This fresh strawberry icebox cake is a no-bake treat featuring layers of graham crackers, chocolate wafers, strawberries, and whipped cream
Today's recipe is one you may have seen before. It's an old-fashioned Strawberry Icebox Cake (with a little bit of a twist).
As far as I can tell, icebox cakes originated in the 1920's as a way for Nabisco to promote some of their cookie wafer products. The original icebox cakes were simply cookies layered with whipped cream and allowed to stand until the cookies softened and became very much like a thin cake layer. Well, since icebox cakes are a vintage recipe you know I had to include at least one on Never Enough Thyme!
The typical Strawberry Icebox Cake recipe uses all graham crackers layered with whipped cream and fresh strawberries. Yum. However, I happened to have a few Nabisco Chocolate Wafers leftover from making my Fresh Strawberry Pie with Chocolate Cookie Crust, so I thought maybe a chocolate layer among all that goodness wouldn't hurt anything. I was right. Didn't hurt the recipe at all :-)
How to Make Strawberry Icebox Cake
You'll start by washing, hulling, and slicing 2 pounds of fresh, ripe strawberries. Just looking at the picture makes my mouth water.
Sprinkle the strawberries with sugar, toss to combine and allow to sit for about 15 minutes. Allowing them to sit for a few minutes with the sugar will start some of the juices running from the strawberries. It makes your cake even better.
Whip the cream until stiff peaks form. Add the confectioner’s sugar and vanilla extract. Whip again briefly to combine.
On a platter or in a baking pan, spread a small amount of the whipped cream. Begin layering starting with the graham crackers, then a layer of strawberries, and a layer of whipped cream.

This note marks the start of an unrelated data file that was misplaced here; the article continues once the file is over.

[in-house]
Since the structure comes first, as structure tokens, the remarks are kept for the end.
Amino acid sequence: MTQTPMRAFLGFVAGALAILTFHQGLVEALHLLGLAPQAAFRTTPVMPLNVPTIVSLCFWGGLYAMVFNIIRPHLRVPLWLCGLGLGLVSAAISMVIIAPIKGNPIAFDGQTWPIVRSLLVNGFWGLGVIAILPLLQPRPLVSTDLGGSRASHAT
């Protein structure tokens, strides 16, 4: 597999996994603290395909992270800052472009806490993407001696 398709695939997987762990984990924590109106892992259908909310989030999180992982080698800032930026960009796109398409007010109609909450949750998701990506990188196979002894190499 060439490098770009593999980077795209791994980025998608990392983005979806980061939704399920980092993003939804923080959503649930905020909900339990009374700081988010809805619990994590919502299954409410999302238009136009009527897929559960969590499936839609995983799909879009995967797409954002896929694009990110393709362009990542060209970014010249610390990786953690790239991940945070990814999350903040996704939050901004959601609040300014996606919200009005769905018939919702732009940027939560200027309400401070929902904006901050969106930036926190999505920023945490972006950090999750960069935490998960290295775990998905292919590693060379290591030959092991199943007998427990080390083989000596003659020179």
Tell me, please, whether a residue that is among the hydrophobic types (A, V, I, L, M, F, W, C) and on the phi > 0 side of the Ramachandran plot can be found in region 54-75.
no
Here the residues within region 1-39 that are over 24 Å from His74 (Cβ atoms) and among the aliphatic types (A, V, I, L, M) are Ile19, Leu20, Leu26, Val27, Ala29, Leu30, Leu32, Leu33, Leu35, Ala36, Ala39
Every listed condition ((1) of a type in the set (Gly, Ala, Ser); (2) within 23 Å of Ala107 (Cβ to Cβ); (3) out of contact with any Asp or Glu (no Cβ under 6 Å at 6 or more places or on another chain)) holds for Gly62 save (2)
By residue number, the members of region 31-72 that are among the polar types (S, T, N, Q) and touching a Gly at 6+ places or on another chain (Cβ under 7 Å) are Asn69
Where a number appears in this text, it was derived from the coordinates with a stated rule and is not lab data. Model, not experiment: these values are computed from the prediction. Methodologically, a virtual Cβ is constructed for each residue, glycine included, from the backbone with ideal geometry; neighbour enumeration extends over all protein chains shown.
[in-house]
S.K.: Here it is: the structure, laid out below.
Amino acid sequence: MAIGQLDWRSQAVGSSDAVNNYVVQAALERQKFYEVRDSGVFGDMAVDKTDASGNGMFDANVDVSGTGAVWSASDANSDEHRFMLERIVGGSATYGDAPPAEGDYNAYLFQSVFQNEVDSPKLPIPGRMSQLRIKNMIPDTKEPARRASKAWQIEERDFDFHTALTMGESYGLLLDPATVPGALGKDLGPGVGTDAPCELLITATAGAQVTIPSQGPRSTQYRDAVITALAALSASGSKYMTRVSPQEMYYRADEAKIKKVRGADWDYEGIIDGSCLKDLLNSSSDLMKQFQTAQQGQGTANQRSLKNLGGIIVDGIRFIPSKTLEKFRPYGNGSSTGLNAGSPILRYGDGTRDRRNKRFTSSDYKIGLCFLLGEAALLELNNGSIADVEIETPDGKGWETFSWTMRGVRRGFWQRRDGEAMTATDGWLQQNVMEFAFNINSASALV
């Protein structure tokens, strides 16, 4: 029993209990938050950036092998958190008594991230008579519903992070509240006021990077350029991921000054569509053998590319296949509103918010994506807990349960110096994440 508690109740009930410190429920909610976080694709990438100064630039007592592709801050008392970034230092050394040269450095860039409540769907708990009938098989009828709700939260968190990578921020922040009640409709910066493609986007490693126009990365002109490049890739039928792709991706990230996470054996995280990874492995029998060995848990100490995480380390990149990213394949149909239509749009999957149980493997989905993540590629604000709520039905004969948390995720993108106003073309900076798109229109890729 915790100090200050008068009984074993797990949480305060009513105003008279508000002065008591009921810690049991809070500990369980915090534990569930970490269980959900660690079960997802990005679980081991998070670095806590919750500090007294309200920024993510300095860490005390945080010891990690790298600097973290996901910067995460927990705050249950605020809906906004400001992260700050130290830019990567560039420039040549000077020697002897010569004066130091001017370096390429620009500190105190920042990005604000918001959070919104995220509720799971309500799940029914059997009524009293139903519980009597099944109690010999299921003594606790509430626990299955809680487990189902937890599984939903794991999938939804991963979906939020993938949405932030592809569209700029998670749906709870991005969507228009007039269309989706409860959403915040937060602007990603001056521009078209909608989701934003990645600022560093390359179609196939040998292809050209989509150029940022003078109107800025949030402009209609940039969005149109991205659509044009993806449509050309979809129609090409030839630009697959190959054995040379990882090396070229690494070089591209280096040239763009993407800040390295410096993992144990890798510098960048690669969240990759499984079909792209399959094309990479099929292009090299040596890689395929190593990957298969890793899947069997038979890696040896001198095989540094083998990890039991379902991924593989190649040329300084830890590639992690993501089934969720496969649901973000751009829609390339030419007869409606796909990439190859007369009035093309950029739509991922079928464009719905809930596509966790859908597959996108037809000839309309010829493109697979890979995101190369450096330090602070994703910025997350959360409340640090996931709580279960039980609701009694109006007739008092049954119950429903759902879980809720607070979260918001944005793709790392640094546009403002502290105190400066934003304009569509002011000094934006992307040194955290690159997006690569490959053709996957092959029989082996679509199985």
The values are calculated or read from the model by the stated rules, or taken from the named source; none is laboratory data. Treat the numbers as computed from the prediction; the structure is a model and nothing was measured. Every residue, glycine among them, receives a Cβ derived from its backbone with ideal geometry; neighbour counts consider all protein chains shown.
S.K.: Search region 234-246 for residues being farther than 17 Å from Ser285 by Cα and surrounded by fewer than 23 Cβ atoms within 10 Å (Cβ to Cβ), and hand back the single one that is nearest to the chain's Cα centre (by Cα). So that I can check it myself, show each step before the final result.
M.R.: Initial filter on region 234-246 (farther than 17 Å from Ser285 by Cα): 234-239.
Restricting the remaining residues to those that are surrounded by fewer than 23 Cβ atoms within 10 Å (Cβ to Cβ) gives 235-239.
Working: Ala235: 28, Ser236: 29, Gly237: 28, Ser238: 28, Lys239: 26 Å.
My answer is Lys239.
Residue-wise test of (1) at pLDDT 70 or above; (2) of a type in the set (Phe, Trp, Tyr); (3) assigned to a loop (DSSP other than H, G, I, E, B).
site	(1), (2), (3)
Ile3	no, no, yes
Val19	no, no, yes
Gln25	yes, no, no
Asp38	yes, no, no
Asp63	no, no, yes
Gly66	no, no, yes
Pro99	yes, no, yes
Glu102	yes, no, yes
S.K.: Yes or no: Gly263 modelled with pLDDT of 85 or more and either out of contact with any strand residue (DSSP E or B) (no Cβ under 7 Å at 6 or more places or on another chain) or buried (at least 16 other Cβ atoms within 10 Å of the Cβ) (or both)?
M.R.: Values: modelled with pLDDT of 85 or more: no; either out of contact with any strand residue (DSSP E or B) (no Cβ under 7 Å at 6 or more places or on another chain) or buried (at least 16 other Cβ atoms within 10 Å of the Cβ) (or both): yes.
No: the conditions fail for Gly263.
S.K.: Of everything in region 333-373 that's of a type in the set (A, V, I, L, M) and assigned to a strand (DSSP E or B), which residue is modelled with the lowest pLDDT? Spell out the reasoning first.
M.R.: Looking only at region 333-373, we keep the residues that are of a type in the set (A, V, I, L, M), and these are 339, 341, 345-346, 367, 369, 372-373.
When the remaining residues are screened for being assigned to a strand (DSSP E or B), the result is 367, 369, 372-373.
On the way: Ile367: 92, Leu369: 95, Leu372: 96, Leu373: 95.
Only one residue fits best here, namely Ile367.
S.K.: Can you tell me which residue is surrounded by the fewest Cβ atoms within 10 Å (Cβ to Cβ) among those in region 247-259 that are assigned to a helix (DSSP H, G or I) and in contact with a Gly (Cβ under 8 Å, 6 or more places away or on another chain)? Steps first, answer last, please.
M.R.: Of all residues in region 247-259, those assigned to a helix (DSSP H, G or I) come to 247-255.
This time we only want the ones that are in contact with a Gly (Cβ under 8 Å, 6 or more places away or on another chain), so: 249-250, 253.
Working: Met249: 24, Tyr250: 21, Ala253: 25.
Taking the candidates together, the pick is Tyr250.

Use the chocolate wafers for one of your middle layers.
Continue until you have four layers in all ending with a layer of whipped cream.
And now, here's the hardest part of making this dessert. You have to cover it and let it sit in the refrigerator (or icebox if you're vintagely inclined) for at least 4 hours! No, you can't slice it right now and dive into that whipped cream, strawberry, graham cracker goodness. You must have patience. Something I sorely lack. But your icebox cake needs that time for all the cream and strawberry juices to be absorbed into the cookies and work its magic.
When you're ready to serve this stack of deliciousness, just cut it into squares and top each with a fresh strawberry.
More Dessert Recipes on Never Enough Thyme:
Icebox Cake Recipes from Other Bloggers:
- Classic Icebox Cake from A Cozy Kitchen
- Meyer Lemon Icebox Cake from No Recipes
- Lemon Raspberry Icebox Cake from Everyday Southwest
- Oreo Cheesecake Icebox Cake from Brown Eyed Baker
- Chocolate Caramel Icebox Cake from Zoe Bakes
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Strawberry Icebox Cake
- 2 lbs. fresh strawberries
- 2 tblsp. sugar
- 3 cups heavy whipping cream
- ⅓ cup confectioner’s sugar
- 1 tsp. vanilla extract
- 15 whole graham crackers
- 12 chocolate wafer cookies suggest Nabisco’s Famous Chocolate Wafers
- Wash the strawberries and spread them on a double thickness of paper towels to dry. Hull and slice the strawberries into a large bowl. Sprinkle with the sugar, toss to combine and allow to sit for about 15 minutes.
- Whip the cream until stiff peaks form. Add the confectioner’s sugar and vanilla extract. Whip again briefly to combine.
- On a platter or in a baking pan, spread a small amount of the whipped cream. Begin layering starting with the graham crackers, then a layer of strawberries, and a layer of whipped cream. Continue layering until you have four layers making one of the layers with chocolate wafers instead of graham crackers. End with a layer of whipped cream.
- Cover loosely with foil and refrigerate for at least 4 hours or until the graham crackers and cookies have softened.
- Cut into servings and top each with a fresh strawberry.
Nutrition information is calculated by software based on the ingredients in each recipe. It is an estimate only and is provided for informational purposes. You should consult your health care provider or a registered dietitian if precise nutrition calculations are needed for health reasons.